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What began nearly 8 years ago as an experiment in multi-stage, multi-resolution pixel serif type drafting (starting smallish then manually upscaling x4), took on the robust character you see here after countless edits and some tricky lessons learned along the way.
The initial weight was on the light side (cloned privately for posterity), so I took a leap into this bookish weight by fattening each glyph copy-pasted 1 pixel shifted both up and to the right. A rudimentary technique, by no means novel, yet almost wholly effective. I saw fit from here to only make a handful of corrections, keeping the slightly rounded and slanted serif shape that resulted as well as the subtle reenforcing of a pen-nib construction.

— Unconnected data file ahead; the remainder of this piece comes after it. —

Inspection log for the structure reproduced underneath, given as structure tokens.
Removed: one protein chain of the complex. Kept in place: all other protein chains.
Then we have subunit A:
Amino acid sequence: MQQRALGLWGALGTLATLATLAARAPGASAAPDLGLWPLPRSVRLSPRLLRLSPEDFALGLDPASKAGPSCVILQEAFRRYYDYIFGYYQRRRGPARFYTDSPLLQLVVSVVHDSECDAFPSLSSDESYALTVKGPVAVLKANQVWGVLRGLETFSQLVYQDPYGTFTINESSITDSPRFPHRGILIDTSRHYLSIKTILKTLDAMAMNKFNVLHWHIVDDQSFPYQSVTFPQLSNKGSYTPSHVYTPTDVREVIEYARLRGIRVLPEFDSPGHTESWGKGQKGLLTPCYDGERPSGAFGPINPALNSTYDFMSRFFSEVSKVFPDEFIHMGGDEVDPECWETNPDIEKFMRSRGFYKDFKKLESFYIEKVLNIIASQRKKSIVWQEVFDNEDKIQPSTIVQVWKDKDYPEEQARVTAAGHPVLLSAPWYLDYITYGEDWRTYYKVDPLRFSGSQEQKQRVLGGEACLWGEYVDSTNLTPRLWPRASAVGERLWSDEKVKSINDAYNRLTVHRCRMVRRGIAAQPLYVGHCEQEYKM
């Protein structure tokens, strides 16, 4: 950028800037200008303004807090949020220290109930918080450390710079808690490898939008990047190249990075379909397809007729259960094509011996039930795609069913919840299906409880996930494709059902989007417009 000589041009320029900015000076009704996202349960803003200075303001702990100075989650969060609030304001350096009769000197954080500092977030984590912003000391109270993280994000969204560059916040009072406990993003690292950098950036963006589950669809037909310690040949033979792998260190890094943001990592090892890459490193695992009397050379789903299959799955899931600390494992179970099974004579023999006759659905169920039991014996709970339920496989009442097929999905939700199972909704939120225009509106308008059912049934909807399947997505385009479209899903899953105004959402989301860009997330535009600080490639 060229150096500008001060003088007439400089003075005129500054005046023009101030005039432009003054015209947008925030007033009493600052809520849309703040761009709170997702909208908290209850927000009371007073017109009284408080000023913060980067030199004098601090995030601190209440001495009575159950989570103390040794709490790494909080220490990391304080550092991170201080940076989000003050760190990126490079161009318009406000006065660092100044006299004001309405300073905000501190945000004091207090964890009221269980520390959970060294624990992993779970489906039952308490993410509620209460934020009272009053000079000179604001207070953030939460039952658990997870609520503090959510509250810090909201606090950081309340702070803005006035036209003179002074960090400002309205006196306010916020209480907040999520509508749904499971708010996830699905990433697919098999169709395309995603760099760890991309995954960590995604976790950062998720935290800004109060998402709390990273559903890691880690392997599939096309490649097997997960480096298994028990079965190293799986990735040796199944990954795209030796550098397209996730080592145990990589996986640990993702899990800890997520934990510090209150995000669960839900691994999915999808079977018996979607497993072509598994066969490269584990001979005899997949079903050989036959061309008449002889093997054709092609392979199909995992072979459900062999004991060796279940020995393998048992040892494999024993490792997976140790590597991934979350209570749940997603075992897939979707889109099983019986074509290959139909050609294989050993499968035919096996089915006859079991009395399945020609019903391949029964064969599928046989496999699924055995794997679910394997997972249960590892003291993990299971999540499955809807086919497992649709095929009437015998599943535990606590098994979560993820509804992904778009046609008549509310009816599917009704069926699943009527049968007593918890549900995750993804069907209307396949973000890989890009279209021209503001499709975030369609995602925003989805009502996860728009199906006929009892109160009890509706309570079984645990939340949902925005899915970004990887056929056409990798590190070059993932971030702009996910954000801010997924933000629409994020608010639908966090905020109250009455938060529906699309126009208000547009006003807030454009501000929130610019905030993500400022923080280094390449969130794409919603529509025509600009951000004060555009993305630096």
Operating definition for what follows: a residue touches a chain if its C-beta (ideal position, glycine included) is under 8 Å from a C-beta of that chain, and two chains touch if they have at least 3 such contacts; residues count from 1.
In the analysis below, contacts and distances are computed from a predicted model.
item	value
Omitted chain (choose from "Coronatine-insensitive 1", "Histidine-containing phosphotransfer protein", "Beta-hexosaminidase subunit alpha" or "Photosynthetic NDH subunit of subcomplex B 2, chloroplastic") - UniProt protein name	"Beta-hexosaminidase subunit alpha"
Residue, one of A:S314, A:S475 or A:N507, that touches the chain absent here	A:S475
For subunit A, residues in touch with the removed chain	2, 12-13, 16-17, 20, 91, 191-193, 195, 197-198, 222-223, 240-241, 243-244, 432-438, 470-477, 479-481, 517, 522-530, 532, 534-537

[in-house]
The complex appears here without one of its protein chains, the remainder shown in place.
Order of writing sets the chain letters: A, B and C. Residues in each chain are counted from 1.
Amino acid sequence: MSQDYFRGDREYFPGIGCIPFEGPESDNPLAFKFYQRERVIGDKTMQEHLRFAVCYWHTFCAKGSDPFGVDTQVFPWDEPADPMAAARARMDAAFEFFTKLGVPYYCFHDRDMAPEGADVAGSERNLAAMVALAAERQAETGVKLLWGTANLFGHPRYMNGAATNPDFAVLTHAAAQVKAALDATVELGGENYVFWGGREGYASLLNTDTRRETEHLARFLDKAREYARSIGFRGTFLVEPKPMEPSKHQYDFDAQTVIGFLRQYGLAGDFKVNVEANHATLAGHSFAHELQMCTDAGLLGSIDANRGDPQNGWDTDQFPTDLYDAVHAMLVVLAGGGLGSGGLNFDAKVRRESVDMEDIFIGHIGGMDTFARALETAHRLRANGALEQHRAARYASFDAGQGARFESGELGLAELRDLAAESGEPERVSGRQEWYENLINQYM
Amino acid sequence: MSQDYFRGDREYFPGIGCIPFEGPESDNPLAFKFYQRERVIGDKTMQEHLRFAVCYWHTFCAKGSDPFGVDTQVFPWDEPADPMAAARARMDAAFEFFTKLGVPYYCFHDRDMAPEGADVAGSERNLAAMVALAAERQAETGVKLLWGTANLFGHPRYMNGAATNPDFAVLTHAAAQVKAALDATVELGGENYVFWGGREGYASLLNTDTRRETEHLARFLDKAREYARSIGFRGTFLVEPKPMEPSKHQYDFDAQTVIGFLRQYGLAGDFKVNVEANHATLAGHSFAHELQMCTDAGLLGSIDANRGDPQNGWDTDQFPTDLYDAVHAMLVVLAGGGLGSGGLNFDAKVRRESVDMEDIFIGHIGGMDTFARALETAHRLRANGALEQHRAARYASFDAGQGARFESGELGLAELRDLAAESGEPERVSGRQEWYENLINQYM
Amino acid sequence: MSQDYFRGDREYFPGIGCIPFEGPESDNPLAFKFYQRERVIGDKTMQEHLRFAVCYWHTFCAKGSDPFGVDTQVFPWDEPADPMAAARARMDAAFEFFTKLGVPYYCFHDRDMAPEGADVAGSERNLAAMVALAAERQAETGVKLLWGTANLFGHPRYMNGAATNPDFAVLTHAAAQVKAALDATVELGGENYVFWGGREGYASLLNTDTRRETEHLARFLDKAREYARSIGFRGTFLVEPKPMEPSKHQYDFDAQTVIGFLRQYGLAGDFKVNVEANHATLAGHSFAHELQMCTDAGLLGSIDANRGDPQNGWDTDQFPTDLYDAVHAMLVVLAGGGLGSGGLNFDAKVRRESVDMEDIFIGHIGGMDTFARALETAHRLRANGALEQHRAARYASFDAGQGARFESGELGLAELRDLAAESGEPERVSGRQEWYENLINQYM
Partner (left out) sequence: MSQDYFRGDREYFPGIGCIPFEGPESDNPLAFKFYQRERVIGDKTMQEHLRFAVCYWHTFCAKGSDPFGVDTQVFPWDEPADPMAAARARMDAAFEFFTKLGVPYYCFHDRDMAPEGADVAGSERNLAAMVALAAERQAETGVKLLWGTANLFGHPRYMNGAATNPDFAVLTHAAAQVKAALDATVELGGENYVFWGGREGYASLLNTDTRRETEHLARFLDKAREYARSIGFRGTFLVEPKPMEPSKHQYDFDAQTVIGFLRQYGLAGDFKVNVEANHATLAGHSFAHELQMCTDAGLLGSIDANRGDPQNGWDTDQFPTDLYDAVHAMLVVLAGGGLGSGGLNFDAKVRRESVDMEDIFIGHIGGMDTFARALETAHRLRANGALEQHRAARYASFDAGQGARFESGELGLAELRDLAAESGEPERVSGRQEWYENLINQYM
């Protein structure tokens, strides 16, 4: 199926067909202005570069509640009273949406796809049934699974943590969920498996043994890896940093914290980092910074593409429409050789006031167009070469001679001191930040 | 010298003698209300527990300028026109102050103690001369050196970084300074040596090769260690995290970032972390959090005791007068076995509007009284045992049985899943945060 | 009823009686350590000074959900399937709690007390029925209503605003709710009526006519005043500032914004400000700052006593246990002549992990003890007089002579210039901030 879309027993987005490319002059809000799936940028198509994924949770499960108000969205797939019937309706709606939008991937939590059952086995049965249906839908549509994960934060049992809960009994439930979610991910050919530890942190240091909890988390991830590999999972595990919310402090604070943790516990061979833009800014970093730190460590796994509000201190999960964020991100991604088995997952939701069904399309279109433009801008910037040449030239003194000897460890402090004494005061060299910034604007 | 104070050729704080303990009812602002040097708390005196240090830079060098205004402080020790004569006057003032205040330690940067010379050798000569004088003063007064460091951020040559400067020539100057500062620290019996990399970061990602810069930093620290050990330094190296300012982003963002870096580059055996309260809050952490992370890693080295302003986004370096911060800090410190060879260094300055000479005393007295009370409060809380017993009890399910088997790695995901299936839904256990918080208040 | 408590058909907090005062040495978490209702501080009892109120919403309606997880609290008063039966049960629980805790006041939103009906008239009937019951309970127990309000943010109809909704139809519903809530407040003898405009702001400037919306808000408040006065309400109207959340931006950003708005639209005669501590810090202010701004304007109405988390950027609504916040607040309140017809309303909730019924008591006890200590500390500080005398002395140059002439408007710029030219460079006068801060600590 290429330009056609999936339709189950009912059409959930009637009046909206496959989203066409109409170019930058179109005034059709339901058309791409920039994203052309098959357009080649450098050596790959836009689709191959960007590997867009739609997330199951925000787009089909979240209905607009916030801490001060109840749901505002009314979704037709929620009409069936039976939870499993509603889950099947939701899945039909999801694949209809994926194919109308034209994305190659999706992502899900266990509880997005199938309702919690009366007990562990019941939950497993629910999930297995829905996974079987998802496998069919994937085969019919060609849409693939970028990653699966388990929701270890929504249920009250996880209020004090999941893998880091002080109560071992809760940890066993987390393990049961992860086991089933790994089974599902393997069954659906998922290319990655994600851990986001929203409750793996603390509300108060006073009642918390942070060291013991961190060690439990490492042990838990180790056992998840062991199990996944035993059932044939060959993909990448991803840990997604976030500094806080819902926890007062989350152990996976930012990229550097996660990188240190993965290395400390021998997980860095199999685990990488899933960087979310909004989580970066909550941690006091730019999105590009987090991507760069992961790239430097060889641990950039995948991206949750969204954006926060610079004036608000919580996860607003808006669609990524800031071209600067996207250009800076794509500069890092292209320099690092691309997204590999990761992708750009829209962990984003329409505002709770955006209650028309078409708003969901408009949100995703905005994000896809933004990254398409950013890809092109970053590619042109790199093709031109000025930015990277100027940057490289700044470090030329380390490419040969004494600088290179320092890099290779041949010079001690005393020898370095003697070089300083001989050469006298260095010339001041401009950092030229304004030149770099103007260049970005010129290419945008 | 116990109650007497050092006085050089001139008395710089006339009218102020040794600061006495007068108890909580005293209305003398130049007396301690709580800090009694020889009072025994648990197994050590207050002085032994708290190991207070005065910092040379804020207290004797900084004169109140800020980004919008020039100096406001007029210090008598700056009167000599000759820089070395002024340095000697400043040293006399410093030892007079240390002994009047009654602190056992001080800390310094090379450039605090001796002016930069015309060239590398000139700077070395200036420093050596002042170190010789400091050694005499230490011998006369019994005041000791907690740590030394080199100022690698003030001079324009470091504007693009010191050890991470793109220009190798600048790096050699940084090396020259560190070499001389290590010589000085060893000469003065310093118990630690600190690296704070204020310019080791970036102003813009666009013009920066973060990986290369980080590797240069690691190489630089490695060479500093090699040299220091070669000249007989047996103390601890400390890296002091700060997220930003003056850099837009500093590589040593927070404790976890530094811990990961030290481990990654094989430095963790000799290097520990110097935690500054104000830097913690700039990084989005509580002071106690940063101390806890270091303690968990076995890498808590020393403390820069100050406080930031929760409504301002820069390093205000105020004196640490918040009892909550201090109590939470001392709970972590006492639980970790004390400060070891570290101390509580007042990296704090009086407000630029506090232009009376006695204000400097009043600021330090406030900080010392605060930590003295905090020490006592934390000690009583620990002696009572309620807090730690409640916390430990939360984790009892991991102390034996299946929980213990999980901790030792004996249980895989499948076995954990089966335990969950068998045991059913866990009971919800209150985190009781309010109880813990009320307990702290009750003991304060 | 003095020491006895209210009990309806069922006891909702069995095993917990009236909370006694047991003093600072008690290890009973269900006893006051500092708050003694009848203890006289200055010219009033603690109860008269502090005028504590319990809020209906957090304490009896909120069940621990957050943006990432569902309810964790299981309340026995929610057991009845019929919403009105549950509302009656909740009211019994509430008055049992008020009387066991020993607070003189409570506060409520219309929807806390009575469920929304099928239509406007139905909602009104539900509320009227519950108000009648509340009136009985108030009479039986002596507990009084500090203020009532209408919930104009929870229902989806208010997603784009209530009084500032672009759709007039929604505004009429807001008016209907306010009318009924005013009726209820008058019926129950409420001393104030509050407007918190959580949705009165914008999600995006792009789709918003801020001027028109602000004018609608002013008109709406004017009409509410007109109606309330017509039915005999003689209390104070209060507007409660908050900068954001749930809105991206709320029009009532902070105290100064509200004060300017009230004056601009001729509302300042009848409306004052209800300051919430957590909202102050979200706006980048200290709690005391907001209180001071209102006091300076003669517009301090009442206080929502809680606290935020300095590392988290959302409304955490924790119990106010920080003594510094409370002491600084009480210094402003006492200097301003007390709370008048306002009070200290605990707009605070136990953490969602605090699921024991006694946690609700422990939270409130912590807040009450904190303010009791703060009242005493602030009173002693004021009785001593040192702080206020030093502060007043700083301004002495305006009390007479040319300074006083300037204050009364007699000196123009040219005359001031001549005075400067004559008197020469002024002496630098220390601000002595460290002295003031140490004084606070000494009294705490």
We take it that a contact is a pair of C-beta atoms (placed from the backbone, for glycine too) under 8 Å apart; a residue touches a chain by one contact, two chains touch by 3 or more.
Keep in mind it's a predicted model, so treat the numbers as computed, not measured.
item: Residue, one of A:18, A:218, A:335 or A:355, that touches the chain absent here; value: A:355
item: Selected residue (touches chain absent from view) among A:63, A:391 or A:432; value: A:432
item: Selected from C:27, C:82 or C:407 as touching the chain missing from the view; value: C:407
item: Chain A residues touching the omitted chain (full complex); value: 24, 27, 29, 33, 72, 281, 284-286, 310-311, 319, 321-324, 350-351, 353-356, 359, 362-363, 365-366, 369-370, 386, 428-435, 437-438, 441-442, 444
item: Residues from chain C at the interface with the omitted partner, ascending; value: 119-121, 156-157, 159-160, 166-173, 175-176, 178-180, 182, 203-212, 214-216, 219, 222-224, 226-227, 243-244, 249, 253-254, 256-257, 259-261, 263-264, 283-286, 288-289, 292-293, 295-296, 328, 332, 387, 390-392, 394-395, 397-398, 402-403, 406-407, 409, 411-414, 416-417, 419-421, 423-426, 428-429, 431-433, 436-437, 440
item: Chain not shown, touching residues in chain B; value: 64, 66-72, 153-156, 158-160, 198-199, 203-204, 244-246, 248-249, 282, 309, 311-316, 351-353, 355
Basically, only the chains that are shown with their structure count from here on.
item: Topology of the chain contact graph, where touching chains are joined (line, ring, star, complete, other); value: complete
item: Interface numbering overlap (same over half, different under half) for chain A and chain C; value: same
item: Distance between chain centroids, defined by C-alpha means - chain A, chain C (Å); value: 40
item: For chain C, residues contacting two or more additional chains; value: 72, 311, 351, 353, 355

More intriguing is the 1-bit “anti-aliasing” scheme I found myself progressively guided toward while finding the lines of these curves developing the initial light weight. Implied diagonals and said curves – as well as refinement of contrast – are substantially more granular and specific than had I taken a black-and-white posterized, or stairstepped approach.
At half-resolution, the resulting smoothness is acceptible. This type of hinting will be useful in developing a substitution rule set consisting of subpixel slanted or curved bricks to produce a “vectorized” version.
Indeed, such a process could be purely automated by a proficient developer or properly trained neural network (this would be a really interesting future feature for fontstruct pro – rather than hinting a font after painstaking vector construction, why not reverse the process by way of en vogue ai-assisted upscaling?).
Basic accented charaters and numerals are being added as I churn through the extended character set...